Advance preparations and safety tips for winter power outages
by Rocky Mountain Power
November 22, 2010
Delivering safe, reliable electric service is Rocky Mountain Power’s continual focus. However, conditions outside of the utility’s control, such as severe weather, accidents and other unpredictable situations, can cause power outages despite the company’s best preparations.
Customers are encouraged to take precautions before the next storm arrives to stay safe during a power outage.
"We work hard to avoid power outages, but when bad weather strikes and outages occur, we work even harder to restore power safely and quickly," said Mike Felice, Rocky Mountain Power safety director. "Just as our crews are prepared to respond to outages, we ask our customers to be prepared to help ensure the safety and well-being of their families."
Assemble a preparedness kit to help in the event of any kind of emergency, including the following items:
• a flashlight;
• non-perishable foods;
• a manual can opener;
• bottled water;
• a battery-operated radio and clock; and
• extra batteries.
If someone in your home is on life support equipment, be sure to have a back-up system and a plan of action for an outage.
During a power outage:
• First check fuses and circuit breakers. If the power failure is not caused inside the home or business, customers should report the outage to Rocky Mountain Power by calling toll free at 1-877-508-5088.
• Never use kerosene or propane heaters inside without proper ventilation. They create dangerous fumes. Also, don’t ever burn charcoal in your house or garage.
• Make sure generators are properly wired for your home or business, and don’t connect a generator directly to your home’s main fuse box or circuit breaker panel without having a properly installed transfer switch. This will protect customer equipment and prevent a backfeed hazard for the public and the utility line crews.
• Don’t operate a portable generator inside your home or garage. Always properly ventilate a portable generator. Gasoline-powered generators produce carbon monoxide and the fumes can be deadly. As an added protection, ensure that carbon monoxide and smoke detectors are installed and working properly.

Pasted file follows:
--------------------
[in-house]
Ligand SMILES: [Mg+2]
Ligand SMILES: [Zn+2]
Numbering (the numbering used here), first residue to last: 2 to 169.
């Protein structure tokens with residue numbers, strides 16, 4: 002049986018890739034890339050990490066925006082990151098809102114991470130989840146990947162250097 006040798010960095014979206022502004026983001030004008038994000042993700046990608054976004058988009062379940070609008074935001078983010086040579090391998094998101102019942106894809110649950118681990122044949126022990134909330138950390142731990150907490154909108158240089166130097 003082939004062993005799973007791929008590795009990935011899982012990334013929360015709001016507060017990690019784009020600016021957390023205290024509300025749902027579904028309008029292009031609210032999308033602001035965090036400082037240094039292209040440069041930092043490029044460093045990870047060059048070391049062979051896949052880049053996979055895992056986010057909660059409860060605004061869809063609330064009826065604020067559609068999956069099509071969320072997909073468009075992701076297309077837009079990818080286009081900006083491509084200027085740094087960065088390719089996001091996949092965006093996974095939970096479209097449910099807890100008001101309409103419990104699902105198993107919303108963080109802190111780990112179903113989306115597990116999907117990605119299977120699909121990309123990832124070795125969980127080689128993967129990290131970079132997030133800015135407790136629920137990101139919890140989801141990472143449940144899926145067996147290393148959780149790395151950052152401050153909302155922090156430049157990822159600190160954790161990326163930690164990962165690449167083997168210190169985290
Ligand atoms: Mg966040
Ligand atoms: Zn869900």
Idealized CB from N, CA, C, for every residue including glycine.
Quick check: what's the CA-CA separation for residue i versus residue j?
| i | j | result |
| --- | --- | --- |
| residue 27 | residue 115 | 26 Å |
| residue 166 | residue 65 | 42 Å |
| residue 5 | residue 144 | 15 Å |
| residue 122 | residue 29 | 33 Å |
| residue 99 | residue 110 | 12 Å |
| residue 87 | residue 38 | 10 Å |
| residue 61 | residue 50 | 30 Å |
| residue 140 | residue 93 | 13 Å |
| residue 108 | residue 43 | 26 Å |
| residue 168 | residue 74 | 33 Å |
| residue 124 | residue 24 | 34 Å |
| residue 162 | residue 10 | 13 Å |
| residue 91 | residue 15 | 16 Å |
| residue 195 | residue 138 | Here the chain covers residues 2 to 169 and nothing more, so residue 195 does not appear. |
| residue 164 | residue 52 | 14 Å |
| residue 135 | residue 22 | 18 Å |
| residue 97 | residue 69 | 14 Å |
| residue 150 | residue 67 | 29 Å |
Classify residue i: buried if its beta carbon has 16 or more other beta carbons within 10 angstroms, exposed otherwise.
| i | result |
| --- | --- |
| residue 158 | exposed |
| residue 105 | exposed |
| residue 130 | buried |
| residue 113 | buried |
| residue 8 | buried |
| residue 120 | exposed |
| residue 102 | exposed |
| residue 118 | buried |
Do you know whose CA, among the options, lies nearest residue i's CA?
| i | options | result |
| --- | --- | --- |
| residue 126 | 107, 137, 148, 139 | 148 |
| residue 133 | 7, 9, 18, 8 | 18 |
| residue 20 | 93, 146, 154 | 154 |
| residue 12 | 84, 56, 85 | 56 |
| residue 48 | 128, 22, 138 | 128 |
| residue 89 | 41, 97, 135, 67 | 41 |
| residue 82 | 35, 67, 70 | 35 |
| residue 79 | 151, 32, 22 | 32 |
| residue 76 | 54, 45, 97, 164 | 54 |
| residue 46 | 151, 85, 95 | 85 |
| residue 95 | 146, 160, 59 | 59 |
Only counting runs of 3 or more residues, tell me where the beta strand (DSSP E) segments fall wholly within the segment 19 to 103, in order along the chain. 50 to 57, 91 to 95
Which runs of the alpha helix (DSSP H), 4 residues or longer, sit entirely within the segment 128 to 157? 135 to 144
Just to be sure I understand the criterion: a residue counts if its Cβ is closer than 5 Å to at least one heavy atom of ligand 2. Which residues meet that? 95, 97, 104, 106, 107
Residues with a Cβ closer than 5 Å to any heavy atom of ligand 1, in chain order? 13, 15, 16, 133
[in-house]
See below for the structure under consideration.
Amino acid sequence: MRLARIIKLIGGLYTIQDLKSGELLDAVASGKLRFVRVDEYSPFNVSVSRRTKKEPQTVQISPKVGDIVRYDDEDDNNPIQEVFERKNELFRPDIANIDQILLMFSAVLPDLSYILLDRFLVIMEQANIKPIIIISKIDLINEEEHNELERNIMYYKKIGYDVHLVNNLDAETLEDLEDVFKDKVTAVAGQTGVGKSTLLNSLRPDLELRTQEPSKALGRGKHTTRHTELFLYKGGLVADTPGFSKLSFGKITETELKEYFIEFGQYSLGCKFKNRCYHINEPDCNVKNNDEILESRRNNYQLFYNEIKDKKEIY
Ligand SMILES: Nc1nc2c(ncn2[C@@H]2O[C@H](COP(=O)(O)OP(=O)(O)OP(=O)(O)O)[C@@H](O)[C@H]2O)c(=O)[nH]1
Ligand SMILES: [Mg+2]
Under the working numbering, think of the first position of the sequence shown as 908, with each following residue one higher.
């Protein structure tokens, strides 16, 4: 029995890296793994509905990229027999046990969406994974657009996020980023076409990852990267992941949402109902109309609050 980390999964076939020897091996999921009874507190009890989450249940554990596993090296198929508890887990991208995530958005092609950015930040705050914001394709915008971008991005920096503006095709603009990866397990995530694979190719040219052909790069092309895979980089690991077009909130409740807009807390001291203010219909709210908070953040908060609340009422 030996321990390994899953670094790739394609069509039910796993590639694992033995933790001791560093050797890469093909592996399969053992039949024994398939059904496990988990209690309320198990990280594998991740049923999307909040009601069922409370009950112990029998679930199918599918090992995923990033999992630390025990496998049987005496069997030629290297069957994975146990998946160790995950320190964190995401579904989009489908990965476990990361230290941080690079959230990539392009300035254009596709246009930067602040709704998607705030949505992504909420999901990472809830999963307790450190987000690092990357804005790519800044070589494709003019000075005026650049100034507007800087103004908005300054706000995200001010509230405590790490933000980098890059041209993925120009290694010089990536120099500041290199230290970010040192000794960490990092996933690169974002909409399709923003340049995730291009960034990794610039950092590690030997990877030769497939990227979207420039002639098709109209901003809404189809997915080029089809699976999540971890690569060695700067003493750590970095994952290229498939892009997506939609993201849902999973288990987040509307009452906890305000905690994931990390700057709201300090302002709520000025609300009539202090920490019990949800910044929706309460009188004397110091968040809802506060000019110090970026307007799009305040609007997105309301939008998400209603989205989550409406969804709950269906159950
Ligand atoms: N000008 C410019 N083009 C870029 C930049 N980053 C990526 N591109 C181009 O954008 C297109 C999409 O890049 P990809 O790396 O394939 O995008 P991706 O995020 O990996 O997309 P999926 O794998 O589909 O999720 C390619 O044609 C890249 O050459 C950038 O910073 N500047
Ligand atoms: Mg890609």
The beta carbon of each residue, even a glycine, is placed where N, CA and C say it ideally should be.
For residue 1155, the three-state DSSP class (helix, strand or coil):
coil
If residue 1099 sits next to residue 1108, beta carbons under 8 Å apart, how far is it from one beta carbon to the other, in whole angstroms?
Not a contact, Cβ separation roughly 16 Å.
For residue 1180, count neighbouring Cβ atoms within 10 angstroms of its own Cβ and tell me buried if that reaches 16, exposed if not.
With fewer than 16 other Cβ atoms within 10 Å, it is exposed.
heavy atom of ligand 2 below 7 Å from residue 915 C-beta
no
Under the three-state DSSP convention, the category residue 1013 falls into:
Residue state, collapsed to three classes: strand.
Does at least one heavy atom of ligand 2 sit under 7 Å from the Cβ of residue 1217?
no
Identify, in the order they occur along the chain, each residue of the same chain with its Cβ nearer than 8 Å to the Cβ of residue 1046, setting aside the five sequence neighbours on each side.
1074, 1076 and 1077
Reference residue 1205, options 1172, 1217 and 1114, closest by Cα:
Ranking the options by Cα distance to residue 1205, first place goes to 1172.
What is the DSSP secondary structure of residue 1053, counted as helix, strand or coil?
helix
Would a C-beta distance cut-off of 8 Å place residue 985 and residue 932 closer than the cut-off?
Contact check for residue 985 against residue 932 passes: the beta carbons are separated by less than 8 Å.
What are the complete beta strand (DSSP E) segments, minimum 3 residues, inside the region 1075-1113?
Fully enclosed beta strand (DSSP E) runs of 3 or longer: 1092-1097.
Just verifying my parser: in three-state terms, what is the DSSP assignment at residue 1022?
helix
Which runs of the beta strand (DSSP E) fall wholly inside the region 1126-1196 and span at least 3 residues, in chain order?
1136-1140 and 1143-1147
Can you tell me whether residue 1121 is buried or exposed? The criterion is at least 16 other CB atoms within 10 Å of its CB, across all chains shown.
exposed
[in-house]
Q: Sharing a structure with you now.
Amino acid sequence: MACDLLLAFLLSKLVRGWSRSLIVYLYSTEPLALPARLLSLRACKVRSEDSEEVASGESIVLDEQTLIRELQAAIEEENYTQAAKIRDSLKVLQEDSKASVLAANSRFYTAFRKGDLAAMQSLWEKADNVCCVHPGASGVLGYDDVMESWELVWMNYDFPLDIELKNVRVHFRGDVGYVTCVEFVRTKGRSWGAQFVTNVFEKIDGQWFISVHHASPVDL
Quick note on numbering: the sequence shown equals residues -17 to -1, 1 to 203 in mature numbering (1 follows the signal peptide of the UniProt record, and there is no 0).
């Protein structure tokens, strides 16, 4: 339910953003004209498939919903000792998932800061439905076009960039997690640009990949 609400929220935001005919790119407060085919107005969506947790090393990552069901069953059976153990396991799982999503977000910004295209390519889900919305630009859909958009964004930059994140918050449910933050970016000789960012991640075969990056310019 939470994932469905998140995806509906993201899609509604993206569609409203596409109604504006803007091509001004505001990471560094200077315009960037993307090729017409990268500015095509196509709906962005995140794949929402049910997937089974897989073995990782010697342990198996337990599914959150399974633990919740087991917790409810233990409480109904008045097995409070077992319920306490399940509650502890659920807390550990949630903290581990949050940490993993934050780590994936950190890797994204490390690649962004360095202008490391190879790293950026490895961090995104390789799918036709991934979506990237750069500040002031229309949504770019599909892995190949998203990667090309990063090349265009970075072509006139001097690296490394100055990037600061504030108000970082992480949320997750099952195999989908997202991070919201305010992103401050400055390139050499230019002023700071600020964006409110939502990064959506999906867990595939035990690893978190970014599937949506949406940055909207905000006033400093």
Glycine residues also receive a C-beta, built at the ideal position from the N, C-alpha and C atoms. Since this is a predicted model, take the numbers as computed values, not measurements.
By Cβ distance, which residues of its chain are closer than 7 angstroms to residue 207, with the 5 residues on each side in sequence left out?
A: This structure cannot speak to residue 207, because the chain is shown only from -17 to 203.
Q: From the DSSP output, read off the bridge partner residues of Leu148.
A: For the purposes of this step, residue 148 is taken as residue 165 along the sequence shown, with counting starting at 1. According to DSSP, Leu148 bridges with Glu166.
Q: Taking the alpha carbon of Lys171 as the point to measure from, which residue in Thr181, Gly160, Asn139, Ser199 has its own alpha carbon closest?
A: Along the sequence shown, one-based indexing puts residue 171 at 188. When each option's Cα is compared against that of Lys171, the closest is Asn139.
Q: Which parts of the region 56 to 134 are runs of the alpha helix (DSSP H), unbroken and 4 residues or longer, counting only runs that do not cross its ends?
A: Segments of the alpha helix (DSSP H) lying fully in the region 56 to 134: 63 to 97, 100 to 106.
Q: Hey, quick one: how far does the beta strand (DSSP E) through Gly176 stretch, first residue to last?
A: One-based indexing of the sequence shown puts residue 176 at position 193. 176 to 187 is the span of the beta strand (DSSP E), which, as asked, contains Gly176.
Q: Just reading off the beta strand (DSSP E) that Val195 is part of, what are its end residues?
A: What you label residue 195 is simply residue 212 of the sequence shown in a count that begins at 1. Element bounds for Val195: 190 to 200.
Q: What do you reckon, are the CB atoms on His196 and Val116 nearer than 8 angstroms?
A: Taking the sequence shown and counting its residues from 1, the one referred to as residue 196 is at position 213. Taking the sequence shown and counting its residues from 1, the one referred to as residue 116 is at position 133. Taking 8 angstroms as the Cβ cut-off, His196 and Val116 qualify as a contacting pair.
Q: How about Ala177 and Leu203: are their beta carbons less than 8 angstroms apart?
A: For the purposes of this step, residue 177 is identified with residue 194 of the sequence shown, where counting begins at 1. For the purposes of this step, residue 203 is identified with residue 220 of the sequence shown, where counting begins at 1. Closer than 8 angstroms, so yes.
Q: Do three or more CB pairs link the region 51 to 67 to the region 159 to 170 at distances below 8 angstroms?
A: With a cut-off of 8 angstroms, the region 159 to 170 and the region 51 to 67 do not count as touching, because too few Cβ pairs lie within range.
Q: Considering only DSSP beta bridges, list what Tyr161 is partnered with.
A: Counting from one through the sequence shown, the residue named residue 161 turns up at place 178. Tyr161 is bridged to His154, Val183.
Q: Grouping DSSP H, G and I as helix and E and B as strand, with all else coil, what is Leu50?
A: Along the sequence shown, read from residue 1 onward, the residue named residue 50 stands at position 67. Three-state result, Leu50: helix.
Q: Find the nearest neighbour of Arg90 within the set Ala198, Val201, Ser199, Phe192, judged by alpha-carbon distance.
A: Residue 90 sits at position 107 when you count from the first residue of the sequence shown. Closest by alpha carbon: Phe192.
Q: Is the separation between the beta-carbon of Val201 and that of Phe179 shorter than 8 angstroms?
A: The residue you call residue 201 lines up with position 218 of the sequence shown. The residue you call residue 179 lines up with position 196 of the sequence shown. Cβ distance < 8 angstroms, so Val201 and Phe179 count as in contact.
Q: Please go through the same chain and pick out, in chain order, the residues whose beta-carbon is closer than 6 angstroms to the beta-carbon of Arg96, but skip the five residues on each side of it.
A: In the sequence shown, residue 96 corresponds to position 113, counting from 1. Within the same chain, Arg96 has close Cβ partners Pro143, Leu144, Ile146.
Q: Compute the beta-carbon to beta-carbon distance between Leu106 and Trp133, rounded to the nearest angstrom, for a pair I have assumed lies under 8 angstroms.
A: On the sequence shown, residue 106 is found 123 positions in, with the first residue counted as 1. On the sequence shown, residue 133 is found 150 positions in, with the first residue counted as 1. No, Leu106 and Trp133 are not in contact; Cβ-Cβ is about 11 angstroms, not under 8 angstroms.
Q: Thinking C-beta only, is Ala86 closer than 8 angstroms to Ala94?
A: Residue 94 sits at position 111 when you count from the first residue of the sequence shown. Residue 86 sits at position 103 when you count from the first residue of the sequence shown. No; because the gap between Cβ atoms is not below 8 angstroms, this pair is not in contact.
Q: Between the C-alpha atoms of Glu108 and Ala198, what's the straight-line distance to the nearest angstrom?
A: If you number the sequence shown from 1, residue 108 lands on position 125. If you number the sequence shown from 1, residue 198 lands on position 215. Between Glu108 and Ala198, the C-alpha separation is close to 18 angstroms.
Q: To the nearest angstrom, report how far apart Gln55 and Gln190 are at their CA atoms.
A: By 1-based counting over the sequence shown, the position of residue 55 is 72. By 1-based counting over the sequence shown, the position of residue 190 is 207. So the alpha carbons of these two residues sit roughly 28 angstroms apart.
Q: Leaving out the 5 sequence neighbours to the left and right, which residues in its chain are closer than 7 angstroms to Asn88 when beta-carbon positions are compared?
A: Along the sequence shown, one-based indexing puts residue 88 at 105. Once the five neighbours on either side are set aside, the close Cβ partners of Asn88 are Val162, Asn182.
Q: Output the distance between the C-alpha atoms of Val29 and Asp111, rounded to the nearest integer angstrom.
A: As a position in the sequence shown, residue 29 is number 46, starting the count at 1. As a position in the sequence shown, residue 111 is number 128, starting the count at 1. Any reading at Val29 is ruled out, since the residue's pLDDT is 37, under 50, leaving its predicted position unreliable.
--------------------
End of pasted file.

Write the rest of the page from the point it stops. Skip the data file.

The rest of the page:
• As much as possible, do not open refrigerators and freezers – they will keep food and perishables inside cold for a longer period of time if not opened.
• Preserve body heat by wearing multiple layers of clothing. Add a hat and blanket to stay warm. Blankets and towels around windows and doors help keep the heat inside.
• Protect your pipes during freezing weather by wrapping them with insulation. Also, leave faucets dripping so water won’t freeze and crack the pipes.
• Turn on your porch light when power is back in service. After crews complete repairs, they patrol the area of the power failure to see if lights are on.
Power lines carry high voltage electricity that can cause serious injury or death if you get too close. Winter storms, high winds and accidents occasionally cause downed power lines, presenting a potentially dangerous situation for anyone in the area.
"Staying away from downed power lines, acting quickly to keep others out of the area, and immediately notifying Rocky Mountain Power or emergency responders can prevent serious injury and save lives," said Felice.
If you see a downed power line:
• Stay far away from all downed power lines and utility lines. Even if the lines are not sparking, they could still be electrified and extremely dangerous.
• Keep everyone, including pets, out of the area and report the downed line to Rocky Mountain Power, by calling toll free at 1-888-221-7070.
• Never touch a person or object that is touching a power line. Call 911 immediately if someone is in contact with a live power line or has been injured by electrical contact.
• Don’t drive over downed power lines.
• If a power line falls across your vehicle while you are in it, stay inside and wait for emergency personnel to cut the power. Warn others to stay away from the vehicle.
• If your car is on fire and you must exit, jump - with both feet together - as far from the car as possible. Do not touch the car and the ground at the same time! Land with both feet still together and hop with both feet touching until you are a safe distance away (at least 30 feet).
For more outage preparation and safety tips, and other electrical safety information, visit www.rockymountainpower.net/safety.